Toss the diced potatoes in a bowl with enough oil to coat them, then sprinkle with some salt and spices. Toss, and sprinkle, toss and sprinkle again. Potatoes tend to be fairly bland on their own, and the seasoning added to the potatoes carries through to the rest of the dish, so it’s good to toss them generously with some seasoning—though not so much that they’re totally coated.

When the skillet is hot, add enough potatoes into it that they cover the bottom in one layer but not so much that they’re stacked atop each other. Let the potatoes brown a bit before you start adding the other vegetables. Turn them and toss them so that they head toward a uniform golden brown color, and make sure that nothing scorches or turns black.

As the potatoes start to brown, add the carrots into the pan; they’ll need to cook for almost as long as the potatoes. Continue to stir occasionally so the contents of the pan don’t burn.

Next, add the onion to the mix. Use a wooden spoon to stir everything around and scrape the little bits of fond off of the bottom of the pan. When the onion is mostly cooked, add the garlic and the kale. Continue to stir.

When the kale is bright green, add the eggs to the pan. Stir constantly until the eggs are scrambled into the dish. Serve immediately. These quantities should serve 2 hungry people for dinner or perhaps four people for breakfast, depending on their appetites. If you want to make the dish for more people than that, use multiple pans or cook the potatoes in batches. If you try to cook too many potatoes in the pan at once, they will steam from their own moisture instead of cooking up brown and crispy; you’ll end up with a result that resembles mashed potatoes.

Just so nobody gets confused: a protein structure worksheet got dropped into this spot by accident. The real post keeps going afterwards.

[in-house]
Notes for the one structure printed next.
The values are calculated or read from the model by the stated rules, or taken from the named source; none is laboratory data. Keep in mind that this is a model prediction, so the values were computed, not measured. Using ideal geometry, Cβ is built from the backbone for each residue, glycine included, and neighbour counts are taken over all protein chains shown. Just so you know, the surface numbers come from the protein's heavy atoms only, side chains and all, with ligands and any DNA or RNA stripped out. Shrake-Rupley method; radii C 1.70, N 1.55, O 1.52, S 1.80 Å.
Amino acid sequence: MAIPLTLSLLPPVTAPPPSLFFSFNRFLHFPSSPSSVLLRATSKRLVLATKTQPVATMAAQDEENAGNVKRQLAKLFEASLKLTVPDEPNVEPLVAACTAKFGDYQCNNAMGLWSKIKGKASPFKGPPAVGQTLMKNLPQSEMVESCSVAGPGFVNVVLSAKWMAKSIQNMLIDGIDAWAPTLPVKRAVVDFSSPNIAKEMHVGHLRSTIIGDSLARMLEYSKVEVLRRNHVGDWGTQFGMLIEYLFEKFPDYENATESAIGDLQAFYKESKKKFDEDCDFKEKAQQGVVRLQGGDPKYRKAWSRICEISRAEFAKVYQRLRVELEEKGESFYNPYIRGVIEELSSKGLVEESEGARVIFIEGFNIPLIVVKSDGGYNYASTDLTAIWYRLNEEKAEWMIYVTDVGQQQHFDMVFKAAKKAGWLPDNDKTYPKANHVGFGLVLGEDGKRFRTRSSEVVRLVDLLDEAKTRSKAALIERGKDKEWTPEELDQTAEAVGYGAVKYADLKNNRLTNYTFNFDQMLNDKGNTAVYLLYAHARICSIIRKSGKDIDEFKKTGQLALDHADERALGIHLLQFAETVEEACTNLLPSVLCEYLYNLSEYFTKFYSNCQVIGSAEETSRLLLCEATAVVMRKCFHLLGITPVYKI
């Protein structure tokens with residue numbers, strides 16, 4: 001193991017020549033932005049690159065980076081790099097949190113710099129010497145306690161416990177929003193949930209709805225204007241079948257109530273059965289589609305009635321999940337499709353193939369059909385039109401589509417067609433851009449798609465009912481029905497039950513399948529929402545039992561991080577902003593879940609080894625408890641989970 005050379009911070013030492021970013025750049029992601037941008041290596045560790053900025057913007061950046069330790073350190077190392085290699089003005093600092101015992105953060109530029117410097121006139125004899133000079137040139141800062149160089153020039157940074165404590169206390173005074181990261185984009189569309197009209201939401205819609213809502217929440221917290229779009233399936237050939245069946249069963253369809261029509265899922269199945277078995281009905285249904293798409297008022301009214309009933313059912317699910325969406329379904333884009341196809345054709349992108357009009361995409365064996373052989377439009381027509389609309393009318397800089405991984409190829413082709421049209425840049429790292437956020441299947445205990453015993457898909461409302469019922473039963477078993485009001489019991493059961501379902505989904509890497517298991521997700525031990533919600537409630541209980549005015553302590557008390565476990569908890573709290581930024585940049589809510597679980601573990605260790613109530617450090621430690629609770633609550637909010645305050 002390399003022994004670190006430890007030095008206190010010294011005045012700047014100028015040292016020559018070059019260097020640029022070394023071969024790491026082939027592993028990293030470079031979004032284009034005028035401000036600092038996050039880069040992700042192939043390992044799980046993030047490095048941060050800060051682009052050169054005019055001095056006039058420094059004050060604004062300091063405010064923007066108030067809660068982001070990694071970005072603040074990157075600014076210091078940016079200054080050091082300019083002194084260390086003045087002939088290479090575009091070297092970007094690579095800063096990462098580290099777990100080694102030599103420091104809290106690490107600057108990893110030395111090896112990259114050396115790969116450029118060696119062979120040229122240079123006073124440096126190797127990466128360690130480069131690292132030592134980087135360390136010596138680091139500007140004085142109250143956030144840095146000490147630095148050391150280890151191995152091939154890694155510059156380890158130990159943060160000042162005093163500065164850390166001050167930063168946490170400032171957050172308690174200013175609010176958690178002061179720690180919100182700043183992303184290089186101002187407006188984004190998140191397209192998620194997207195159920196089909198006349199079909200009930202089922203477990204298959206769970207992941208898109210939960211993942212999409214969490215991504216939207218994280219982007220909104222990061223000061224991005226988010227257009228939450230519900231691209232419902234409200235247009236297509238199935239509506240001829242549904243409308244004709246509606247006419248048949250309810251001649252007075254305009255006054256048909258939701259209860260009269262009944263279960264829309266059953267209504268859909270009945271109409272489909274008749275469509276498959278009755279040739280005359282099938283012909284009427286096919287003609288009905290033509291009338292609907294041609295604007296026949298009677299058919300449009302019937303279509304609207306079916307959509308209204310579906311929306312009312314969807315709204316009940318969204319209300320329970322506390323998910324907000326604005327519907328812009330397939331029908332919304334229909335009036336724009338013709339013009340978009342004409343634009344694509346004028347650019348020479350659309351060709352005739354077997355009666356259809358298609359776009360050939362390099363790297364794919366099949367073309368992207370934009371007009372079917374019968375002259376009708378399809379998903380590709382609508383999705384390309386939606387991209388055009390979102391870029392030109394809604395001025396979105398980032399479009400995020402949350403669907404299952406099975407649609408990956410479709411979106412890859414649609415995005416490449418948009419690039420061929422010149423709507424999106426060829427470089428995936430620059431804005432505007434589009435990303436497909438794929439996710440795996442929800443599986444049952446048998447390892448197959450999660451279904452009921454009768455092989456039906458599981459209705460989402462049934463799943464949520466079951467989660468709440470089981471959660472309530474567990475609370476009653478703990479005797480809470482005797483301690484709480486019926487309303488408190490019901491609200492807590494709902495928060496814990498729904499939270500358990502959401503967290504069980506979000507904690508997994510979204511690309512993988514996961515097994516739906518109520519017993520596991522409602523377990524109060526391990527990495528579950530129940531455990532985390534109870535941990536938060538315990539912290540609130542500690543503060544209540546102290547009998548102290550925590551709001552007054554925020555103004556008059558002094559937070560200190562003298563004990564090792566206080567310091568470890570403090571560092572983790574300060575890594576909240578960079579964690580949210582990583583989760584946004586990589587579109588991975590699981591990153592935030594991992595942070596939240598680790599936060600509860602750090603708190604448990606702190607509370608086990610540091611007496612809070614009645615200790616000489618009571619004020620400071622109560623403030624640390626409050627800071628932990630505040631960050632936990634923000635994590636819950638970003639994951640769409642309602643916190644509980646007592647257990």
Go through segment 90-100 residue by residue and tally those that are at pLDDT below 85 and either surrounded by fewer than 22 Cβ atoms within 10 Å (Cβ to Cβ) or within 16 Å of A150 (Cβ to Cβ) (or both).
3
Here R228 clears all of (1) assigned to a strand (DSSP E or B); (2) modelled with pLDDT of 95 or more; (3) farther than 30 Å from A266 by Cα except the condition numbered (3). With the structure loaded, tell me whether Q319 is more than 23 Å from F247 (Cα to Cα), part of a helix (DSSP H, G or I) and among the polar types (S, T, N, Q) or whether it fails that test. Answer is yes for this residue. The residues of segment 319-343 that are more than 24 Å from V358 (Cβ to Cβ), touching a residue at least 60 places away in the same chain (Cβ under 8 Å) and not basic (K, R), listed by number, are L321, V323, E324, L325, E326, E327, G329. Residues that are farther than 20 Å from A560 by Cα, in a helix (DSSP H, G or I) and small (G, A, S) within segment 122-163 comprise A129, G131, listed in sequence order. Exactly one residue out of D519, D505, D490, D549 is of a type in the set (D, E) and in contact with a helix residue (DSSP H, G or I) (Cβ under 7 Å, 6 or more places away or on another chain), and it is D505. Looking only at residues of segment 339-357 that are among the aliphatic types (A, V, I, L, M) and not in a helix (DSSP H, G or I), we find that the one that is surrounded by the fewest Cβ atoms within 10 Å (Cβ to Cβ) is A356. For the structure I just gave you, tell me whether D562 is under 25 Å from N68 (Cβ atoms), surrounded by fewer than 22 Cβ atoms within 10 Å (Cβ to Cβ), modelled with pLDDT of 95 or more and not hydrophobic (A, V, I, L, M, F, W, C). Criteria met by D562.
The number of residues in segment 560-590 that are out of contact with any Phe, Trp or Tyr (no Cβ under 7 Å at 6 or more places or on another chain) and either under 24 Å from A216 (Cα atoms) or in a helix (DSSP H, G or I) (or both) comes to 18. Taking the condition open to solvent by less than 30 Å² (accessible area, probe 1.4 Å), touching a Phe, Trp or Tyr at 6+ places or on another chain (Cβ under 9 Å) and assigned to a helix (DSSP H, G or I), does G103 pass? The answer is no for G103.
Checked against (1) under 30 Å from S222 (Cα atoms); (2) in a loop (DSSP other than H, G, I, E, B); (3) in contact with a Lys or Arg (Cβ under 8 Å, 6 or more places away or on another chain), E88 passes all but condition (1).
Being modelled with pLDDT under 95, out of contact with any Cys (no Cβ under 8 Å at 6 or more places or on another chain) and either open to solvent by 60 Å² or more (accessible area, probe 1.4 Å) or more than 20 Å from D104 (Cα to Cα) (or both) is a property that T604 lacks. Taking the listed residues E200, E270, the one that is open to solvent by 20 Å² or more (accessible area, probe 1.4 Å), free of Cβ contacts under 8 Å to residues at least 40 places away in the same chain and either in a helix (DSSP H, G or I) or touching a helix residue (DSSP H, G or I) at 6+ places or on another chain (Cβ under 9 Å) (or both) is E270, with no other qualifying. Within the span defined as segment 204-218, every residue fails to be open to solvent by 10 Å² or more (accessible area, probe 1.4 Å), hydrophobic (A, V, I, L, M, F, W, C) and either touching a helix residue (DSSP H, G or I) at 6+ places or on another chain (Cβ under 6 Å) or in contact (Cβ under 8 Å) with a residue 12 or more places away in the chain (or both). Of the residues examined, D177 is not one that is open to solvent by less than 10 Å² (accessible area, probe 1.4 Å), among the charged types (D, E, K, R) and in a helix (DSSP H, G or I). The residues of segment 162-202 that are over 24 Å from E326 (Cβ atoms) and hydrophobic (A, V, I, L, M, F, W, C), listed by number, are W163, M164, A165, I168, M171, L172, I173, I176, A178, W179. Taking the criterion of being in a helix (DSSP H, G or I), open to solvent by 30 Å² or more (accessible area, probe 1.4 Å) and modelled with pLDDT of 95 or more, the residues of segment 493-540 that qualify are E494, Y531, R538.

5 Responses to “Huevos con Papas y Col Rizada”

  1. justin Says:

    this looks and sounds delicious, and i don’t even know what kale tastes like!

  2. Clara Lee Says:

    What would your reaction have been if I had insisted you try it as a pre-teen or teen?

    I like kale and other greens. They weren’t as readily available in either the farmer’s market or supermarket 10 years ago as they are today.

    Keep the recipes coming for kale, chard, and other greens.


  3. Corduroy Orange » Blog Archive » Knife Skills Table of Contents Says:

    [...] A Great Way to Use the Potatoes: Here’s a great recipe for using up the piles of potatoes you’ll be cutting. [...]

  4. Corduroy Orange » Blog Archive » Cooking in China Says:

    [...] Even if that suggestion is a bit off-mark because you have no luck finding the baking powder, you still should have all of the ingredients to make Huevos con Papas. This is a hearty breakfast, home fries and scrambled eggs all together in one dish (thereby requiring only one pan to make it). In my recipe, I recommend using kale and a cast iron skillet. Even if you can’t find kale, you have a variety of other greens that you can substitute. Likewise, you can easily make this dish in a pan that’s not cast iron, though the potatoes might not caramelize quite as well. Home fries by themselves are always a tasty dish (and work as a dinner side dish as well as they do as a breakfast!). To make them, just omit the eggs. [...]

  5. amy Says:

    I just made this-it’s delicious! I used spinach instead of kale (b/c that’s what my CSA gave me) and topped it with rooster sauce.